The whole idea of saints is not Christian, according to Jesus:
> “Why do you call me good?” Jesus answered. “No one is good–except God alone.” – Mark 10:18
If fact, the whole idea of exalted church leaders (i.e. The Pope) is counter to Jesus’s teachings:
> “But you are not to be called ‘Rabbi,’ for you have one Teacher, and you are all brothers. And do not call anyone on earth ‘father,’ for you have one Father, and he is in heaven. Nor are you to be called instructors, for you have one Instructor, the Messiah. The greatest among you will be your servant. For those who exalt themselves will be humbled, and those who humble themselves will be exalted. – Matthew 24:8-11
Christopher Hitchens wrote an extremely eye opening book about Mother Teresa called ‘Missionary Position’ – he rips her to shreds to reveal what she really was. ABSOLUTELY worth the read.
There’s a pretty well known conspiracy about Ms Teresa, it’s the one that claims she was a good person and not a sadistic amoral psychopath.
> She refused to give any pain relief to people at hospices because “Suffering brings them closer to Jesus”. Read the accounts from the ex nuns, they didn’t distinguish between curable / Incurable people and frowned upon having any actual medical knowledge because “Only God can intervene.” They put more effort into ushering people into a non existent afterlife than actually trying to comfort or save them.
> Most donations she received went on having convents named after herself…not actually helping the poor just proselyting, there’s plenty donations made by shady organizations which she refused to return to the people who were ripped off by the donators…a lot of it still unaccounted for.
> Then the icing on the cake she all but confessed to an absolute lack of faith towards the end. It’s all there in black and white in her published letters. So throw hypocrite into the mix as well.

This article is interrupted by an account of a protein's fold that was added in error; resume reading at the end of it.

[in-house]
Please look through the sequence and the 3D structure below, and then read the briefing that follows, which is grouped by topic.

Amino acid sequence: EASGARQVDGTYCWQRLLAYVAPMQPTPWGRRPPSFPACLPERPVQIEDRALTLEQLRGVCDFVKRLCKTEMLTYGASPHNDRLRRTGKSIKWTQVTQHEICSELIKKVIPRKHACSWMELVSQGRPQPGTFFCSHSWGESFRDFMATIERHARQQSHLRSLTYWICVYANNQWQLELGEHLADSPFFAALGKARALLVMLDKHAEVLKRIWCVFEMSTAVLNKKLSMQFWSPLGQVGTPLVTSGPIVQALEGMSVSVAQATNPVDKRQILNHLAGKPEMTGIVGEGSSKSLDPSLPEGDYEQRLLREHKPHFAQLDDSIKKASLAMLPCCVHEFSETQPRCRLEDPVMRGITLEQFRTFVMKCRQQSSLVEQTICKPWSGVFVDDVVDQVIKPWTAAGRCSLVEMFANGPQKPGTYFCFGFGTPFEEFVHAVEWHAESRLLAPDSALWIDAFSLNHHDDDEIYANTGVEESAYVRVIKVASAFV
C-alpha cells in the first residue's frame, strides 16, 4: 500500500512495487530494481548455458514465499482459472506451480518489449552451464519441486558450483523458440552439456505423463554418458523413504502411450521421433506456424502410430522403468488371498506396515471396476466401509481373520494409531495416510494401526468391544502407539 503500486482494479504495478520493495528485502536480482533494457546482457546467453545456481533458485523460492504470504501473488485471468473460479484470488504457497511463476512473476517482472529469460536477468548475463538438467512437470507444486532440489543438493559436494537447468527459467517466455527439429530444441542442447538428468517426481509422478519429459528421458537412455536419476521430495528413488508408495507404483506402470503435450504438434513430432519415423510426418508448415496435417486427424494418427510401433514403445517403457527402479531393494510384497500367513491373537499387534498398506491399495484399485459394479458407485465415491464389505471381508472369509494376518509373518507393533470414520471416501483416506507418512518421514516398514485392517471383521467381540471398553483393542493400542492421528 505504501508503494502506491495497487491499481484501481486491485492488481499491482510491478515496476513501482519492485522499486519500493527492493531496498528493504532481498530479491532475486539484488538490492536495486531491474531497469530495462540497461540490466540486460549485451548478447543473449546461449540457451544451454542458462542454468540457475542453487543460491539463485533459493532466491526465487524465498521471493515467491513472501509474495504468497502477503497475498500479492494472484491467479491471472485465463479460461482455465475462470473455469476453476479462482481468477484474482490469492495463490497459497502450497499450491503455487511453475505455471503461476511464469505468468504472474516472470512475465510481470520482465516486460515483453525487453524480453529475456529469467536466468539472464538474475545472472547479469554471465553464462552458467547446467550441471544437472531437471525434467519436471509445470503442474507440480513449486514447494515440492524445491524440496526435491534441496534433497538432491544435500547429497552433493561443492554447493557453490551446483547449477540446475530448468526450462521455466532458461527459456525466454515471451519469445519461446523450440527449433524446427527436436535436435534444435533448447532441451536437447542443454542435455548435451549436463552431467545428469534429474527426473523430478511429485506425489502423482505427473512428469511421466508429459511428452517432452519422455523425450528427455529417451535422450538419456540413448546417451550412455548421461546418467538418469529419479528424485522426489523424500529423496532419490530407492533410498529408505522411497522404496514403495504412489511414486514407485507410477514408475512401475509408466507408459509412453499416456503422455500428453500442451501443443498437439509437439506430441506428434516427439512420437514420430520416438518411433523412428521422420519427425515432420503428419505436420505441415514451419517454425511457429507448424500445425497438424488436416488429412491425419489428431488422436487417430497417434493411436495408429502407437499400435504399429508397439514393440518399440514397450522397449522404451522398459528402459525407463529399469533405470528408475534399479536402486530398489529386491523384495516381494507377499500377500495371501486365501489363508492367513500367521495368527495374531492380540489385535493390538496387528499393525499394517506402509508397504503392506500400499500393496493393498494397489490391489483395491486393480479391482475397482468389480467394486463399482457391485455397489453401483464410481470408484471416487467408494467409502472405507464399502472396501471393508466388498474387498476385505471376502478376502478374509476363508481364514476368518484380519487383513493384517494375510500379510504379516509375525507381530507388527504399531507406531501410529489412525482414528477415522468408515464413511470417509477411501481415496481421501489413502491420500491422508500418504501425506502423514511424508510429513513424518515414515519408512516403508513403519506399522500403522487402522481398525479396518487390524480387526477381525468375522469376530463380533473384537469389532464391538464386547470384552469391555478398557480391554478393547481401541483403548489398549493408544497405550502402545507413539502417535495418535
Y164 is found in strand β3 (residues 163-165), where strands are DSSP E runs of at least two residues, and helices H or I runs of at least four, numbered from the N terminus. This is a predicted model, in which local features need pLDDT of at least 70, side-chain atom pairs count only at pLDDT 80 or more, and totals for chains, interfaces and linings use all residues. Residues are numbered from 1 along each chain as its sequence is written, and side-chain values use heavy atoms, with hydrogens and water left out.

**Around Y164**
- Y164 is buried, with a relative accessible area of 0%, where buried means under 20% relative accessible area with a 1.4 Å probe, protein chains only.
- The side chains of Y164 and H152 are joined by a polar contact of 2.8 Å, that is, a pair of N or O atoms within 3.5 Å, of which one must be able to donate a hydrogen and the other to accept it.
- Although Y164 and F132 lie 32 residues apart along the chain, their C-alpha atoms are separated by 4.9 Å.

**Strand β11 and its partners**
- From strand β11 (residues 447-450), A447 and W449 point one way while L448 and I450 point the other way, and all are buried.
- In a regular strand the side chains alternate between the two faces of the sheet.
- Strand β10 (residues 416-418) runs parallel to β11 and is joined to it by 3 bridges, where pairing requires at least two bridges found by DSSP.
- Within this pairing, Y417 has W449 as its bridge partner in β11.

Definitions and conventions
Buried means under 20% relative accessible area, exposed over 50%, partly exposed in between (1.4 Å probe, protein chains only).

> True to form the Catholic church is already bullsh–ting her to Sainthood, she’s had beatification on the basis of a “Miracle” where a woman’s claimed a picture of Ms Teresa cured her cancer…despite the actual Doctor who treated her and even her husband pointing out her cure was from purely conventional medicine.
> The church knows this and has still chalked it up to a legitimate miracle, they only need one more to qualify her for Sainthood and I’d bet anything they’ll be pulling another one out their ass sometime soon, They’ve never let the truth get in the way of good PR.
> …I’d encourage any Catholics to follow her progress to Sainthood and take note of how gullible the Vatican obviously thinks you are, and remember there’s no reason to doubt this is precisely how every other Saint was “made” they rely on the passage of time to conceal the obvious fraudulent nature of the process. They’re relying on you wearing ignorance like a badge of honor as usual.
At the very least the title should be marked as “misleading” because the article content doesn’t include what the title states.
Read “Missionary Position” by Christopher Hitchens. Fair and balanced reporting on the good and bad of her process. The takeaway? See for yourself. It’s amazing, and accurate.
Seems like a requirement to be beatified by Vatican these days is to be a monster. Look up Aloysius Stjepinac, a Nazi bishop of degenerate Independent State of Croatia during WW2:
Continued to give absolution to fucking monsters who ran a wholesale kingdom of horror, with concentration camps so fucking brutal that actual *Nazi generals wrote back to motherfucking Hitler himself* to tell him to rein in the psychopath Croats.
For example, take a look at a Roman Catholic priest called Fra Sotona (Father Satan):
And here’s the video on Jasenovac (NSFL):
For the really deep rabbit hole, look into “Rat Lines” — the official Vatican op to offer nazis the escape routes to Southern America (ever wonder how they inhabited Argentina and Chile so easily)?
Fuck the Roman Catholic church. It’s a death cult. The western world is finally waking up to these monsters through pedophilia scandals, but they’ve done much, much worse.